Sixty-four defendants have sued Sunset Mesa Funeral Foundation, owner Megan Hess, her parents, and multiple other parties, including Nielson GJ Investments, over alleged involvement in the sale of body parts at the Montrose funeral home and the associated Donor Services Inc.
Both businesses closed in the wake of an ongoing FBI investigation, in which charges have not been filed.
The multi-party litigation, Espinoza et. al., was filed over the alleged mishandling of the remains of 48 decedents. The complaint makes various claims against several defendants relating to fraud and racketeering and body "trafficking." It and three other civil suits have alleged Sunset Mesa's owner dismembered decedents, then sold bodies and body parts without the knowledge or consent of next of kin.
The complaint alleges Nielson GJ Investments did business as Mesa Funeral Service and through that business, sent some of the plaintiffs' deceased loved ones to Sunset Mesa for cremation, where the bodies were "carved up" and sold without the next-of-kin's knowledge or consultation.
Nielson in a previous filing seeking dismissal and summary judgment said the plaintiffs have no claim against it for which relief can be granted, and that any damages they may have suffered came at the hands of other parties.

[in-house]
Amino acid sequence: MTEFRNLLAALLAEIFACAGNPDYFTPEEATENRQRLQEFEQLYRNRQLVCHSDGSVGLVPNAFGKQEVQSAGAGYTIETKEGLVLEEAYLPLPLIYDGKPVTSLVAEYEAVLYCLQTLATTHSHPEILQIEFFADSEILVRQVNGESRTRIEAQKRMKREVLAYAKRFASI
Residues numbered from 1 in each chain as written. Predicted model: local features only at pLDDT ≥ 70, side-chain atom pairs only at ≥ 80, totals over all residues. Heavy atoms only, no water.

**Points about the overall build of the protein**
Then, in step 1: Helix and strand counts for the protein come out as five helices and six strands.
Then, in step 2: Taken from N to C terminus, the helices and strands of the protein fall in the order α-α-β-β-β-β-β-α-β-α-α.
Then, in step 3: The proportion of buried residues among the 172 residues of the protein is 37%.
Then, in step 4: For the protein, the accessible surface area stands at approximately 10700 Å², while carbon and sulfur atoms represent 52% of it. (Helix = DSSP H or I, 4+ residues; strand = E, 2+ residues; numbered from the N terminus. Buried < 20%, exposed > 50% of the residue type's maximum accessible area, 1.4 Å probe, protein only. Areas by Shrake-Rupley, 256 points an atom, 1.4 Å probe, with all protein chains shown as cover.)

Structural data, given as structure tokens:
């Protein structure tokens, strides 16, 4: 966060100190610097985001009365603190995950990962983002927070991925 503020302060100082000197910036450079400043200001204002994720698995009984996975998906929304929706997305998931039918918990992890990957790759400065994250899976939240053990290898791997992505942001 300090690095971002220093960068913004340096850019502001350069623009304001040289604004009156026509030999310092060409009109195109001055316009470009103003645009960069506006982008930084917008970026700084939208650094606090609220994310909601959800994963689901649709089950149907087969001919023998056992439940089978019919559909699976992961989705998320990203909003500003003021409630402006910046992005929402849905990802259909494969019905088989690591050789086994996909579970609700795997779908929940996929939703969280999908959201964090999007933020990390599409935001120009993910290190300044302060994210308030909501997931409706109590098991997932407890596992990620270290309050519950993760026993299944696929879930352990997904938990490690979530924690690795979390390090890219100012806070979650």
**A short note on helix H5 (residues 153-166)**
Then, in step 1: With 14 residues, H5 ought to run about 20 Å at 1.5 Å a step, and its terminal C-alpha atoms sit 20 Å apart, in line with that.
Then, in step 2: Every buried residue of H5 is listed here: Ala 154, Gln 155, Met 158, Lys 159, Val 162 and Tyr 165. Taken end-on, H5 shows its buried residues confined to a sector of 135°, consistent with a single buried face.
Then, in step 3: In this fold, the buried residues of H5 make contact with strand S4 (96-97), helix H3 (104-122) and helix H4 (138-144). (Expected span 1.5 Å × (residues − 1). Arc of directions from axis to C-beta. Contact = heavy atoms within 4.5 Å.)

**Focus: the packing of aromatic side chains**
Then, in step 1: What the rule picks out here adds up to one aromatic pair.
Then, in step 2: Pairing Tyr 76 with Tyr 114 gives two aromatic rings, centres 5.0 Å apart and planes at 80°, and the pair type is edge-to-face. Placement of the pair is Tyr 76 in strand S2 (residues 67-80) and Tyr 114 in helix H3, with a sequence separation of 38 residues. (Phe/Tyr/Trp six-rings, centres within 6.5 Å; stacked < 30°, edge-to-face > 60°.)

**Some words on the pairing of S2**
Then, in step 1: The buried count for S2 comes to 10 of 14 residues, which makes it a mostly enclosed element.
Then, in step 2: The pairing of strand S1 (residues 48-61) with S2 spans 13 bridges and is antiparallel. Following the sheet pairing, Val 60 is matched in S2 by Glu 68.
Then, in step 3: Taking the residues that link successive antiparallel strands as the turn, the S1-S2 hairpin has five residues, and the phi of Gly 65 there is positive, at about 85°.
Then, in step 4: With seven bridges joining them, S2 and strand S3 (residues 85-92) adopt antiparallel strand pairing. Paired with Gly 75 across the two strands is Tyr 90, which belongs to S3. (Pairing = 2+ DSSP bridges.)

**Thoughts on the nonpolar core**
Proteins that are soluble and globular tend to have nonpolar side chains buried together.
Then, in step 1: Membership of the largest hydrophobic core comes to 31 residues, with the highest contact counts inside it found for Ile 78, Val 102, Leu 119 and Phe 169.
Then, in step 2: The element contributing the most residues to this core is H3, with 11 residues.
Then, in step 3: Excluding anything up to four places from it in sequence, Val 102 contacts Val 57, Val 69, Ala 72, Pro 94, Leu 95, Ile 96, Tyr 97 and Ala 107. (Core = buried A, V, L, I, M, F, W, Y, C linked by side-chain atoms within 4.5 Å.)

The company denies the allegations, as have several other defendants, including the Montrose County coroner, Montrose County, American Plastination Company, AxoGen and HopeWest.
HopeWest Hospice filed for dismissal on April 29, calling the claims against it "substantially frivolous and groundless."
Dr. Thomas Canfield and the Montrose County coroner's office filed for dismissal May 2. According to that motion, his office has been falsely linked to an alleged "scheme" to illegally obtain and dispose of body parts.
Sunset Mesa owner Megan Hess, who is named along with her parents in the Espinoza litigation, had her state registrations suspended, then agreed to permanently surrender them.
She denies the state's allegations, as well as the allegations in the four lawsuits.
On May 1, the Cedaredge board of trustees met for a special meeting to appropriate an additional $35,000 from reserves as a loan to the golf course fund.
These funds will be used to purchased a used turf utility vehicle, a spray rig, and to make improvements to the kitchen and dining area of the restaurant.